When she was cataloguing them she realised their worth to local historians and researchers, so she decided to compile a guide to their content. The result is For the Record: The Archives of Galway’s Rural District Councils, which will be a valuable asset to anybody with an interest in history.

Many representatives on these Councils were local personalities and several were arrested during the political upheaval of the era, she explains.

And, ushering in a new era in history, women were allowed to sit on these Rural District Councils – at the time they were not allowed to sit on County Councils.

All of this information is included in Patria’s introductory essay to the attractively produced A4 size guide, which gives a glimpse into how these Rural Councils operated and the way political thinking changed in Ireland during a short 26-year period. In the early 1900s, these Councils supported Home Rule, but by 1920, they were calling for full independence and refusing to recognise the British administration.

“I love the tone,” says Patria of the minutes from meetings. “The language was very emotive.”

That was certainly true of the Gort Rural District Council. At a meeting in 1907, following riots in Dublin at the premiere of JM Synge’s play, The Playboy of the Western World the councillors’ response was vehement. They recorded their decision to “protest most emphatically against the libellous comedy, The Playboy of the Western World, that was belched forth during the past week in the Abbey Theatre, Dublin, under the fostering care of Lady Gregory and Mr Yeats. We congratulate the good people of Dublin in howling down the gross buffoonery and immoral suggestions that are scattered throughout this scandalous performance.

 

For more from the archives see this week’s Tribunes here

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Archive News

Real Galway flavour to intermediate club hurling battle in Birr

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Date Published: 23-Jan-2013

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Athenry fail to take chances as they bow out of Junior Cup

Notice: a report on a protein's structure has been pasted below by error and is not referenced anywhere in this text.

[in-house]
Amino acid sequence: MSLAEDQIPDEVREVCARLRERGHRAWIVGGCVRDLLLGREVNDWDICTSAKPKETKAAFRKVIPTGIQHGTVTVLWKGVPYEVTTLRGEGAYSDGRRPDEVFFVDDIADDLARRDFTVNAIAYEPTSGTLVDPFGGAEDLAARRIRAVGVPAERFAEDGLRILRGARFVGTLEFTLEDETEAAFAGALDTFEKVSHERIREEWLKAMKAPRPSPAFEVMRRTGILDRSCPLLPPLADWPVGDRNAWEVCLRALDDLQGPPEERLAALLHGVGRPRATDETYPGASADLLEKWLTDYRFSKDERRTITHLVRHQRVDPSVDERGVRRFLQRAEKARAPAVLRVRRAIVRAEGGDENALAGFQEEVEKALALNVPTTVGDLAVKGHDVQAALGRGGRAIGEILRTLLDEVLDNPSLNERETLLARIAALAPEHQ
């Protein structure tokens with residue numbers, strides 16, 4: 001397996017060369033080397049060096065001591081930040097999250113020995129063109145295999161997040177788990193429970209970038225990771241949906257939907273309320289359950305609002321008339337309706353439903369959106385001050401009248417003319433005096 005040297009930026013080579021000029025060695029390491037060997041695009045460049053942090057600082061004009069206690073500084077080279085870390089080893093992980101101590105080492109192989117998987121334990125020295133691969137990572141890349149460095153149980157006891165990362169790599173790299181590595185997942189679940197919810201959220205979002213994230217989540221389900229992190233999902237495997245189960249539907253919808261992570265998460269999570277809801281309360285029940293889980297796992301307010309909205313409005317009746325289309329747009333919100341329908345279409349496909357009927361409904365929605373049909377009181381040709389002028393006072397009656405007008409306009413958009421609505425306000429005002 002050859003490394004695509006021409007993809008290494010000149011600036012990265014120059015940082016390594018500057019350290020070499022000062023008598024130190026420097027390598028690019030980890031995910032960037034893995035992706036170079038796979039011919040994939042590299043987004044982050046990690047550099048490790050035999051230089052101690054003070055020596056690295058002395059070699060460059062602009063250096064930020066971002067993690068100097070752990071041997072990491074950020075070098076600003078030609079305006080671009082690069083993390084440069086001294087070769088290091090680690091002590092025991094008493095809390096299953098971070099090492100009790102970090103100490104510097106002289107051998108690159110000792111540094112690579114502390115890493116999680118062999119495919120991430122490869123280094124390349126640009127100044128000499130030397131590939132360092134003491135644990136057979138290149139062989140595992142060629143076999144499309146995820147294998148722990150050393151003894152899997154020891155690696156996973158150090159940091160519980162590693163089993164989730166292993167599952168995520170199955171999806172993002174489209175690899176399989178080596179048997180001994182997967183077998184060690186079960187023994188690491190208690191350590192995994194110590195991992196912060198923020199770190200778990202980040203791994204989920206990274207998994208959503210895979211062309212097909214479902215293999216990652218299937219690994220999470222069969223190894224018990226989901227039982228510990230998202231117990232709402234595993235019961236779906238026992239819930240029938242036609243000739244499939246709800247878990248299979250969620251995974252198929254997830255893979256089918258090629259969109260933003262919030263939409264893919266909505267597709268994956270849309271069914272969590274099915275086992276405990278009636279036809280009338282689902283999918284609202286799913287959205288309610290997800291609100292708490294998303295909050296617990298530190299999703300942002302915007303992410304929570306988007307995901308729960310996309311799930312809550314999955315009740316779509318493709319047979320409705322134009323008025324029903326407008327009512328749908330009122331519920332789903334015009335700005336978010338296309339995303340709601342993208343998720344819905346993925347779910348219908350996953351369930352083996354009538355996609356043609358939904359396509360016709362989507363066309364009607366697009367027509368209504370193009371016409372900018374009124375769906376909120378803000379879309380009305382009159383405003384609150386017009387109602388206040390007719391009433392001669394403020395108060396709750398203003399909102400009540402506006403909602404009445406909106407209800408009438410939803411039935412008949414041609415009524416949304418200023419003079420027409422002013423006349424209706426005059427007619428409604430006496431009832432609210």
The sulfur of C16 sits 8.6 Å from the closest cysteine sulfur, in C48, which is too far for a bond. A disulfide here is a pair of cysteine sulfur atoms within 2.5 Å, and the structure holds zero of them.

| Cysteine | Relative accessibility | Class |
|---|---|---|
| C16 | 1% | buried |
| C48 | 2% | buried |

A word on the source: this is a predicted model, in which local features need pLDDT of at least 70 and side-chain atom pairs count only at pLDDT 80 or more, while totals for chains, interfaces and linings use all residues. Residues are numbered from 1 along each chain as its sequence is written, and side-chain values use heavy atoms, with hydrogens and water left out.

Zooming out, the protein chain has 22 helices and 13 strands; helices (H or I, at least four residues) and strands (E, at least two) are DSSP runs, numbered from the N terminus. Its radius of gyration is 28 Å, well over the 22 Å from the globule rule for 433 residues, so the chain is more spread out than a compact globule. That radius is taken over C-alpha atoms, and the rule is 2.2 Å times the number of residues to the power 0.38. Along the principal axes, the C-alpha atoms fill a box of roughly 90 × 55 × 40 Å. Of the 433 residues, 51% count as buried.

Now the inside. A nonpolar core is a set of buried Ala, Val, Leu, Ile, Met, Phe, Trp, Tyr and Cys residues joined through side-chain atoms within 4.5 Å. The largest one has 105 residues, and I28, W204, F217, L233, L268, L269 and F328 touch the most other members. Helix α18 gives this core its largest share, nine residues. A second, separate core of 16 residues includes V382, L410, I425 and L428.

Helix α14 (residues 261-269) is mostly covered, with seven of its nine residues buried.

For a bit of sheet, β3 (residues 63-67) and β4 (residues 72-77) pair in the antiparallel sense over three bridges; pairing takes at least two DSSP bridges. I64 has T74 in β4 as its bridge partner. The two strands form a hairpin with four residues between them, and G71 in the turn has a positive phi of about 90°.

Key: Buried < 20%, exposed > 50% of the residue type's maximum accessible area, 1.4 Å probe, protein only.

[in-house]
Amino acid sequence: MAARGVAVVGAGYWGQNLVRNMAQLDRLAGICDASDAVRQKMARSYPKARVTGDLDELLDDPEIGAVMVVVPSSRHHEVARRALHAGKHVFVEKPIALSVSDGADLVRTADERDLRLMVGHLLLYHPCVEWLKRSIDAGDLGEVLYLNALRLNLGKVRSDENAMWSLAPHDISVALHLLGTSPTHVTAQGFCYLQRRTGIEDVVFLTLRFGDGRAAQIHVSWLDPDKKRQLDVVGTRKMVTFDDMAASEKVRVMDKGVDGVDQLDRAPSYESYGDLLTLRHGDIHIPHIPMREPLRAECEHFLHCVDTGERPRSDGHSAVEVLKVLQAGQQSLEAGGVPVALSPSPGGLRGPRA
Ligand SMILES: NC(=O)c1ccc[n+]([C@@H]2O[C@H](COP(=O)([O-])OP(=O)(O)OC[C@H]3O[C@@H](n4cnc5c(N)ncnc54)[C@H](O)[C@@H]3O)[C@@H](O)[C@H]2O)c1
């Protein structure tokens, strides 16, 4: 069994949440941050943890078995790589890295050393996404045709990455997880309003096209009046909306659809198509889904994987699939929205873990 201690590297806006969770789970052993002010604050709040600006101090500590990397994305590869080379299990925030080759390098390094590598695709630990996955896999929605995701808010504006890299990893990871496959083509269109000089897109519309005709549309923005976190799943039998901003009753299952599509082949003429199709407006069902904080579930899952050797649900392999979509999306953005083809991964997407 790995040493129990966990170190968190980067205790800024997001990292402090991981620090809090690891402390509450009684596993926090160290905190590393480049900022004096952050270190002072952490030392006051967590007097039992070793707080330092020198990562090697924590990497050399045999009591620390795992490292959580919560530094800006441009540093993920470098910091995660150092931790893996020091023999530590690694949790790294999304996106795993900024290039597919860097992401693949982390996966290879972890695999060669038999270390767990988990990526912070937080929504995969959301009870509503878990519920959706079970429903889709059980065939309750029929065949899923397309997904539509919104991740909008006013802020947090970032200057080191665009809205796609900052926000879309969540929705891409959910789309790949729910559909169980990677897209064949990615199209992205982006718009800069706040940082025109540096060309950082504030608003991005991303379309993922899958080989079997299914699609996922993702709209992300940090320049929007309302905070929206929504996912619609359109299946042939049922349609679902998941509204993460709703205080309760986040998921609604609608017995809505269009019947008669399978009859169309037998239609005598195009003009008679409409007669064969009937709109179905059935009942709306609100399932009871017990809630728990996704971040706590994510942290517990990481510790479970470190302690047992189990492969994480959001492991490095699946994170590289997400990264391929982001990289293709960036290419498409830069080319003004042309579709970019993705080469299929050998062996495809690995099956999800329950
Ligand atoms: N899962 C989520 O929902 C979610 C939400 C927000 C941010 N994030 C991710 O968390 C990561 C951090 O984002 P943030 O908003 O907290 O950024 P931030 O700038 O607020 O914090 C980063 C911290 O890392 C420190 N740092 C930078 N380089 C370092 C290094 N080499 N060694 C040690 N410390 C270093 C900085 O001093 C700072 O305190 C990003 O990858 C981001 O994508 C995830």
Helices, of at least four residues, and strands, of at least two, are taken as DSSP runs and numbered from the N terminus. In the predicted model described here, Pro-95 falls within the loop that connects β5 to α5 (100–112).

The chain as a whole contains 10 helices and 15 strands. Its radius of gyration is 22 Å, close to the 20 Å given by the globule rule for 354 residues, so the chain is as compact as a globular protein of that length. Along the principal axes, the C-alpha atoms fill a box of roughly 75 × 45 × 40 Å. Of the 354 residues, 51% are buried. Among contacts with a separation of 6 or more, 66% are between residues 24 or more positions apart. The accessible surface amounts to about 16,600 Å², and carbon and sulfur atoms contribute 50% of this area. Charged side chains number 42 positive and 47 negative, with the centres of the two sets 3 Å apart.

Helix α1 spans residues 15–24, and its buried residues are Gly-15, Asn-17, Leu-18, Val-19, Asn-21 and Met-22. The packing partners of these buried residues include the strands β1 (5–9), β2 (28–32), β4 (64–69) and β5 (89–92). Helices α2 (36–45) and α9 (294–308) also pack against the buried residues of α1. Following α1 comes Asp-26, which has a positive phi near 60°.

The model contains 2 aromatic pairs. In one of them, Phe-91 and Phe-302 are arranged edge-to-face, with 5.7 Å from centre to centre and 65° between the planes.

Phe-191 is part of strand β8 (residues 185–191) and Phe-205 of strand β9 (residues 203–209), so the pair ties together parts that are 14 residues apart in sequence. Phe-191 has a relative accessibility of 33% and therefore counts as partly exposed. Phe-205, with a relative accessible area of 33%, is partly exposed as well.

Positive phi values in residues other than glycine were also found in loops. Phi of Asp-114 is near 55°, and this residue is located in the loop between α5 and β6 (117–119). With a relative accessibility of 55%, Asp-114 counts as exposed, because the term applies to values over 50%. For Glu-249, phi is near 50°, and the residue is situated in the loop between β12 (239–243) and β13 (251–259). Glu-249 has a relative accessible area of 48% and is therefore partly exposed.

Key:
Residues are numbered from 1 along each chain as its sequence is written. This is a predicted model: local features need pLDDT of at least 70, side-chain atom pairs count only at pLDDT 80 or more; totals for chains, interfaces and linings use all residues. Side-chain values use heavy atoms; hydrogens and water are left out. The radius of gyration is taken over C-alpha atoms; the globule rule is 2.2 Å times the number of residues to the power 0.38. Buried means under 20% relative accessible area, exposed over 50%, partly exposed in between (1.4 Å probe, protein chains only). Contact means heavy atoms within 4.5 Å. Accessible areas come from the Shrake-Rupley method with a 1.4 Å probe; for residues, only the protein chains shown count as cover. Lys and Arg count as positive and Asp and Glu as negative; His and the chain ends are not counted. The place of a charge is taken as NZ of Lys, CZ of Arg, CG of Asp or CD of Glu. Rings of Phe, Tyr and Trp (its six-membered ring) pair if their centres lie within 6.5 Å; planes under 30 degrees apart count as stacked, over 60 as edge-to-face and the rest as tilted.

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Date Published: 29-Jan-2013

Athenry FC 1

Kilbarrack United 2

(After extra time)

For the second year in succession Athenry were done in extra time in the FAI Junior Cup as last season’s beaten finalist’s came from behind to snatch an excellent game in Moanbawn on Sunday afternoon.

On a heavy pitch that was only playable following extensive groundwork by club officials all morning, the home side were by far the better side in the opening half, but failed to take advantage of a number of opportunities that came their way.

An Alan O’Donovan penalty gave them a merited advantage just after the restart, but thereafter were on the back foot as Kilbarrack took over, but for all their pressing, the home rearguard were dealing comfortably with their forays.

However they were struck a body blow just six minutes from time, as big striker Keith Kirwan was left all alone at the far post to head the equaliser and from that point on the Dubliners were the better side.

They started off the extra time in the ascendancy and enjoying all the momentum before striking for a good winning goal on 104 minutes. A strong bench allowed them to make some necessary changes and it was not a facility that was available to Athenry manager Gabriel Glavin.

With Gary Forde and Gary Delaney out through suspension following their sending off against OLBC in the previous round, and Seamie Crowe injured, it left their bench rather threadbare with just a number of young squad players available.

Playing with the aid of the slight incline and any wind advantage going, the home side had a Connor Cannon effort on target in the opening minute, while John Meleady was just over with a flick at the other end.

Meleady then tested Andrew Walsh who saved comfortably, before the goalkeeper pulled off a brilliant double save on 14 minutes.

Firstly he went full length to push away a Meleady shot and was then back on his feet to parry David Jackson’s close-range rebound.

For more, read this week’s Connacht Sentinel.